BUNDELKHAND RIVERSIDE ORCHHA

Revisiting Orchha, a charming medieval town in India’s Madhya Pradesh state, after a gap of 20 years, was an eye-opener.  From a sleepy one-street little village where we could only find aloo parathas to eat for lunch and no where to stay for the night, Orchha now boasts internet cafés, signs in a multitude of foreign languages, and restaurants serving espressos and pizzas.

Progress.

Where good and tangible progress has been made is in the range of accommodation now available, and it was with great pleasure that we stayed at the charming, beautifully located Bundelkhand Riverside, a short walk along the main road out of the village.

Built by the Maharajah of Orchha on land that was originally part of his hunting lodge, the hotel is prettily situated on the banks of the Betwa river. There are 27 air-conditioned rooms, many of which have small balconies overlooking the river.  A small but perfectly adequate swimming pool centred around an ancient chattri (memorial).  Good food, served on the lawn amidst spectacularly lush gardens.  Pretty little sit-outs, under ingenious tents made out of old parachutes. Amazing views from the roof terrace. Delightfully friendly and attentive service.

What is not to like in this unpretentious but very welcoming hotel ?

The entrance, above, and the pool below.

Parachutes doubling up as a shady tent.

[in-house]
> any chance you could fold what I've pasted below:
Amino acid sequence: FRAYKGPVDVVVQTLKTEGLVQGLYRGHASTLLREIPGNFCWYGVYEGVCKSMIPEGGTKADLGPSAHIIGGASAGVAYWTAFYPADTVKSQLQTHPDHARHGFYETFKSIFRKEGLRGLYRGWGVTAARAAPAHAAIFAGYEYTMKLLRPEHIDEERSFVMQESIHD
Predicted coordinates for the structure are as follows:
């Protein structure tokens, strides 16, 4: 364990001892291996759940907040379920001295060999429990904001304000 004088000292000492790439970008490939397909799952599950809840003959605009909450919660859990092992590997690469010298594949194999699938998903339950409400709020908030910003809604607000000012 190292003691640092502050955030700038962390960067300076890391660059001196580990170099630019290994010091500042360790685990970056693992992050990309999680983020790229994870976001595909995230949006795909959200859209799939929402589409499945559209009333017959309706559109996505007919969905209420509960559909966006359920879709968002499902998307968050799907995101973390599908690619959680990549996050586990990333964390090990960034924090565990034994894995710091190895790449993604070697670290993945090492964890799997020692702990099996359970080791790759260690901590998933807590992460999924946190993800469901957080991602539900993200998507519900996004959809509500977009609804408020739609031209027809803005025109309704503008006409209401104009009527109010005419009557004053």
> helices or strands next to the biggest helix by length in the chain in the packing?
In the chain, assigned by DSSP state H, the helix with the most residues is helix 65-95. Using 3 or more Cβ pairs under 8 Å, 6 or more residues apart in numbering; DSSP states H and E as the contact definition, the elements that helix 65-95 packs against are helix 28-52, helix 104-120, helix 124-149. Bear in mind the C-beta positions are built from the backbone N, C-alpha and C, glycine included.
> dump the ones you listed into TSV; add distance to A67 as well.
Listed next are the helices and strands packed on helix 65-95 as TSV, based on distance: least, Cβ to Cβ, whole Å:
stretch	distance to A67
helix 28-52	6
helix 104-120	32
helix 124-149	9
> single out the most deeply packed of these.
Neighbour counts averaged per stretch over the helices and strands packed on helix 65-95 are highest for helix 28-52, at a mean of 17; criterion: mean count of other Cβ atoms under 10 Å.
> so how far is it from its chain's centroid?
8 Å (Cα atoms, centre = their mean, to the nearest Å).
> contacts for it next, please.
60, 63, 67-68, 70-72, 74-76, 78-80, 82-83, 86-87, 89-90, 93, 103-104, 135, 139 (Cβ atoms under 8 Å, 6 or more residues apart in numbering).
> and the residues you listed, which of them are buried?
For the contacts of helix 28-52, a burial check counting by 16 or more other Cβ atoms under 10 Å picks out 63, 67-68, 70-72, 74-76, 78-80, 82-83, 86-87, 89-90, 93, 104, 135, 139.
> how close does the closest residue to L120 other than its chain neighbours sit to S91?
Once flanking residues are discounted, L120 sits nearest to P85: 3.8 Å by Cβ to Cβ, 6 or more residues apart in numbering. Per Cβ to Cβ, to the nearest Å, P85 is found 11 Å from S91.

Terrace

 

Rates are currently as below :

Contact details as below :

Personally recommended.

We stayed anonymously at the hotel, and paid our bills (just in case you were wondering).

Narain Niwas Palace Hotel, Jaipur

In a state seemingly awash with heritage hotels and palaces, this centrally located hotel in Jaipur, in India’s Rajasthan state, ticks all the right boxes.  Approached through noisy congested streets in the city centre,  and located opposite a nondescript modern shopping complex, one’s heart initially sinks at the approach.  But the second you turn into the huge walled entrance to the Narain Niwas Palace Hotel, spirits lift again.  The noise from the street recedes, blocked by acres of garden and lawns, and all you hear is the splash of water from the fountain, and bird-song.

The hotel is a succession of  gardens and courtyards, with little staircases leading up and down to rooms and yet more rooms, and balconies and terraces.  No boring corridors with repetitive rooms here, thank goodness.

Our room was charming –  all shades of green and blue, and giving onto a beautiful large terrace, shared with a few other rooms.

The pretty little restaurant had friendly service, and when I told the waiters I wanted to try typical local Rajasthani cuisine, the cook came out for a chat, pleased at my interest.

The grounds were lovely, in a slightly charming, neglected way, with lawns and pavilions, and a pool scattered all over the large compound.

Service was friendly and relaxed.

Room rates, which include breakfast, are :

Standard Rs 4000 single/Rs 5500 double

Deluxe double Rs 7100

Kanota Suite Rs 8100

Garden suite Rs 12000

The charge for an extra person is Rs 2000